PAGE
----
Naomi Oreskes is reasonably well known amongst the scientific and wider community, especially since her book, Merchants of Doubt, hit the promotional circuit. I’m a big fan of her work as she shines a light on the dirty little secret that is media misinformation (Hint: climate change is happening and is our fault; smoking does increase the risk of cancer; a duck’s quack does echo). As a scientist I am always amazed at the nonsense that is thrown around in the media. While this book discussed climate change, it was just the latest example in a long line of doubt-mongering by interest groups that she discusses. Her interview in this session covered a lot of points, so I just advise reading her book.

Daddy, Daddy, I………
Finally a session about being a stay at home writer and Dad.

You’ve Been Warned
Curt Stager and Naomi Oreskes were back for another session on climate change, this time joined by Paul Gilding. I really enjoyed this discussion panel, which primarily revolved around the “where to from here” in regards to climate change and dealing with it. Curt pointed out that this next decade is probably the most important decade in the next 100,000 years. Right now we can decide the future of the Earth’s climate by either listening to science and doing something or sitting in the corner with fingers in our ears yelling “la-la-la-la”. Naomi pointed out that scientists have been their own worst enemy, they publish journal papers that only scientists read, so the rest of the world can make stuff up with impunity. Paul pointed out that the free market is terrible at doing anything until the last possible second, and climate change is an issue that requires action much sooner due to its complexity and impact. As Naomi quoted:

Scientist in 1970s “Climate change is a real problem we need to deal with.”
Politician “When will it start having an impact?”
Scientist “Oh, in about 40 years.”
Politician “Get back to me in 39 years.”

Saturday 21st

Sex Up Your Writing
Linda Jaivin‘s workshop was a completely different kind of session at the festival. I would really have liked to have had her on the Porn Wars panel later in the day. Linda had a very simple message, write so that you get hot and steamy. If it works for you then it will work for someone else. That’s a good sex scene or erotica. Due to the topics discussed we were sworn to secrecy so I’ll let you imagine what the 14 women and two men did in the session.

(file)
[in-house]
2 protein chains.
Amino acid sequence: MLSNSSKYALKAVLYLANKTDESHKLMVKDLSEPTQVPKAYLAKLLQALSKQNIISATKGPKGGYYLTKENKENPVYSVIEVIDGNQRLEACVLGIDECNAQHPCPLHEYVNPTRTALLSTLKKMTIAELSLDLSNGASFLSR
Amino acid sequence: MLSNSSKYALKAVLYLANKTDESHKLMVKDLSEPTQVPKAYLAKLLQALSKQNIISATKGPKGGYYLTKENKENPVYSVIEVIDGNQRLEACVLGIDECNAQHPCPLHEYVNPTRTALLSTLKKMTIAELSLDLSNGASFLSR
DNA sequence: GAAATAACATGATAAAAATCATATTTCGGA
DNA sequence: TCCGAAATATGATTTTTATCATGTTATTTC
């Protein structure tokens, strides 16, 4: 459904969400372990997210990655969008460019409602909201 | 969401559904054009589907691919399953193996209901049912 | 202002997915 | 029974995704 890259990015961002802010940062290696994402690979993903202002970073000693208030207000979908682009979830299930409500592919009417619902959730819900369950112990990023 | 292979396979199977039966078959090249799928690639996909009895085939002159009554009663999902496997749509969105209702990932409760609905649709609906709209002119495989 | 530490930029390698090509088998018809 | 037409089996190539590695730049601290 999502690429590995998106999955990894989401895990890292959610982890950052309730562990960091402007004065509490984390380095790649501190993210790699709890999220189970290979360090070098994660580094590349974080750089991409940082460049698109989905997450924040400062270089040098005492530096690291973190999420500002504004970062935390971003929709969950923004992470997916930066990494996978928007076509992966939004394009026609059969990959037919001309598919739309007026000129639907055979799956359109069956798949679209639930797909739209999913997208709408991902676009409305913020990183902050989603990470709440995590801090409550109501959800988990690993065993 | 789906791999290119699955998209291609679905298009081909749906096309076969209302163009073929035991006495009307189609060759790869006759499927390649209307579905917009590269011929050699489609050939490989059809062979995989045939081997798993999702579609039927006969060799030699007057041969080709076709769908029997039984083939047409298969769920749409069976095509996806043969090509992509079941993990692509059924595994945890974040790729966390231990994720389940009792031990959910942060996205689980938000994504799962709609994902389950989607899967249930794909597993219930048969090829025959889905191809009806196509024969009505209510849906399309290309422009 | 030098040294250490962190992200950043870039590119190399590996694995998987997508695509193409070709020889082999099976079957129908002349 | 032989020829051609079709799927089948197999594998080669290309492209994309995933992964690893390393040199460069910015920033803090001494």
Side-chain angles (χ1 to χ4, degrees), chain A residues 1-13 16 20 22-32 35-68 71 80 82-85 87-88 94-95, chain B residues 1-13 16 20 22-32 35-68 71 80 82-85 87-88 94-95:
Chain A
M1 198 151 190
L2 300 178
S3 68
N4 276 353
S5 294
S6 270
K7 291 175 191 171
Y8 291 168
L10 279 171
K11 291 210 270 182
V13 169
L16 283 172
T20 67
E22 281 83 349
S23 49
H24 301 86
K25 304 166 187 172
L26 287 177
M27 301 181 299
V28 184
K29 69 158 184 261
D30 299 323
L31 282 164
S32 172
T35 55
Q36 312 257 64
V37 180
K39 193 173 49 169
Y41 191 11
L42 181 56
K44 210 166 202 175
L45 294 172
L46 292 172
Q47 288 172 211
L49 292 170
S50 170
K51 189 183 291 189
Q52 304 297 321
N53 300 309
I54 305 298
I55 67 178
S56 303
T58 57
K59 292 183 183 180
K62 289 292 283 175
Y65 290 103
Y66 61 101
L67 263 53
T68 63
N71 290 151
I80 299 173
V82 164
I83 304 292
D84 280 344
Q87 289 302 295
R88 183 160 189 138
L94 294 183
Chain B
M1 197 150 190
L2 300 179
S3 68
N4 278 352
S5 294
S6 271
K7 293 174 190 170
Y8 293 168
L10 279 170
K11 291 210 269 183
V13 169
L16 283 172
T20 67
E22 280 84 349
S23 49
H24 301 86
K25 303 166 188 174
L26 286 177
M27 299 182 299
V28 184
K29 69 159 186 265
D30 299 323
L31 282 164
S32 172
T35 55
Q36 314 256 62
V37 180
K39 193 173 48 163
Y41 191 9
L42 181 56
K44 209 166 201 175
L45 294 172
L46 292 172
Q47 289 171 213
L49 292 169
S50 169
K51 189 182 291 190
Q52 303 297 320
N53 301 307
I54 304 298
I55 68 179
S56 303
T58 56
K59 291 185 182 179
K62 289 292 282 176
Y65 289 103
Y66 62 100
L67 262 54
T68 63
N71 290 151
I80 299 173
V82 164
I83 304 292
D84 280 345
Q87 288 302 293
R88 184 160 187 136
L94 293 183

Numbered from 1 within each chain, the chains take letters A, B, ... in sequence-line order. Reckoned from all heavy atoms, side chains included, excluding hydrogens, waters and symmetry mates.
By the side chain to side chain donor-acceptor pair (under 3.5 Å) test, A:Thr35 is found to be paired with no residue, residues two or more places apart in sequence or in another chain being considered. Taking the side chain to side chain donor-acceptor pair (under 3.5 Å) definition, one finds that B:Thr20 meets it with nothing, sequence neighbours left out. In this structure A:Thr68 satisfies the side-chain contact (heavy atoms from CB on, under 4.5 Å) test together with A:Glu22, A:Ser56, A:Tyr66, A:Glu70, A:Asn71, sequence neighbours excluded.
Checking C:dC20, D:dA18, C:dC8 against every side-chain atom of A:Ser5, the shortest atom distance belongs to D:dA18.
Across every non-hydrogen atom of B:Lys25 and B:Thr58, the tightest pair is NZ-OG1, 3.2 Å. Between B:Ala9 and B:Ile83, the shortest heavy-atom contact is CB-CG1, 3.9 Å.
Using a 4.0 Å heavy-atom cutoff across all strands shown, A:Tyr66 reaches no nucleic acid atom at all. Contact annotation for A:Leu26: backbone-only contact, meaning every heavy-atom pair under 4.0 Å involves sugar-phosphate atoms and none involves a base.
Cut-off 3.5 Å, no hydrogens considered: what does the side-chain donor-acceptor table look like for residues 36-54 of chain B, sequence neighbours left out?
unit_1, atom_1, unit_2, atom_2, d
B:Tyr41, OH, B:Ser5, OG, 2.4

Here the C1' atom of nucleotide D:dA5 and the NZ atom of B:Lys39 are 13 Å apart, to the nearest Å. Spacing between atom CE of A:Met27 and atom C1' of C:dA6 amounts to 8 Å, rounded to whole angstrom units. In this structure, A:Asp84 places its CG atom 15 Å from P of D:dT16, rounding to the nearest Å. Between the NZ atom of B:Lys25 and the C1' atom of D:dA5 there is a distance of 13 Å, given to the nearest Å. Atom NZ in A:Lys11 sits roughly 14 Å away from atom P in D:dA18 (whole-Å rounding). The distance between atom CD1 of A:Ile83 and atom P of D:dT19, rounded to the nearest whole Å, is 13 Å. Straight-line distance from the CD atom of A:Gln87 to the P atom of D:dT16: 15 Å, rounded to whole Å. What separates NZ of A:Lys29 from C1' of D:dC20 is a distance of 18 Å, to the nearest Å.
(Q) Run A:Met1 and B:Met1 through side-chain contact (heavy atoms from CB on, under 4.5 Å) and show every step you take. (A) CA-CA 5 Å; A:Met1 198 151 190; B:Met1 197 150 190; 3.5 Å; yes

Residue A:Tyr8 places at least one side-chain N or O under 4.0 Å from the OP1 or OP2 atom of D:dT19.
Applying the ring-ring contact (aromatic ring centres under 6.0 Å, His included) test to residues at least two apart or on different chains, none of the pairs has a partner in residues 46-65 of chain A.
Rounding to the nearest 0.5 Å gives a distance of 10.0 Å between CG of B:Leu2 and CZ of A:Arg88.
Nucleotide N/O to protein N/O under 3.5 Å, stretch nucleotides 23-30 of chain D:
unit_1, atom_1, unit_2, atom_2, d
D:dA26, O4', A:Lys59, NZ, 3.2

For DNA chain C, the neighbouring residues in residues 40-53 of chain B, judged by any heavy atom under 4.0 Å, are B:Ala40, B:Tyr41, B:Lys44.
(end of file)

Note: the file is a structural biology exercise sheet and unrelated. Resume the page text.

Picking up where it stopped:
Porn Wars
It was odd to leave a workshop on writing erotica to enter a panel discussion on porn in society. Catherine Lumby, a social scientist, Kate Holden, a former sex worker turned author, and Gail Dines, a fan of talking over the top of everyone including the moderator, were the experts called upon to discuss what should have been a fascinating topic. Unfortunately Gail decided to throw out unsubstantiated claims as facts, reject any other opinions and evidence, and provide scant evidence of her own. I especially liked her claim that the best selling porn movies were all misogynistic gonzo DVDs. Odd. I could have sworn that the big budget porn movies were couples erotica and that they dominated the market. This session was a waste of time. I have to say that as a male I love being blamed for all societal faults by sexists. Catherine and Kate needed a session without Gail, and, as one audience member pointed out, a male panellist.

Cities of the Dead
This was the session that I had come for. Crime fiction authors discussing their work and how the location of their novels influences them. Shamini Flint was the ‘contributing’ chair for the panel of Michael Connelly, Garry Disher and Michael Duffy. Shamini proved to be a great chair – maybe she could have chaired the Porn Wars session….. – and had everyone interested, discussing and laughing. Connelly could be described as taciturn, but Shamini had him telling jokes before long. I think all four authors sold a lot of books from this session, especially Shamini. At the book signing after she had a lot of people queued with her first Inspector Singh novel under their arms. Also Connelly revealed to me that he didn’t write the dialogue he utters on Castle, yet he loved doing the show and the stuff they give him to say.

The Chaser
I was in the queue for the queue to see The Chaser. Needless to say, I didn’t get in. Pity. They are always funny, despite what the BBC, Channel 7, Channel 9, and the Queen of England think.

Sunday 22nd

Growing Pains
When I was an undergraduate I picked a lot of economics units to pad out my science degree – yes I am a nerd, no I will not let you kick sand in my face. I remember very clearly the day that my economics professor explained the market model to us and my resulting question:

Me “If we have a finite resource base, how can we have infinite growth?”
Professor “Technology will be invented to change the resource base.”

Since then I have had this cartoon on my office wall:

Ross Gittins and Paul Gilding were the first economics commentators to say what I have been saying for, literally, decades: the current economic model is fatally flawed. Yes technology could save us, but how long are you willing to wait for it to save you?

As an aside: don’t you think it fitting/ironic that the stock exchange was founded by a chronic gambler?

Lawyers, Guns and Money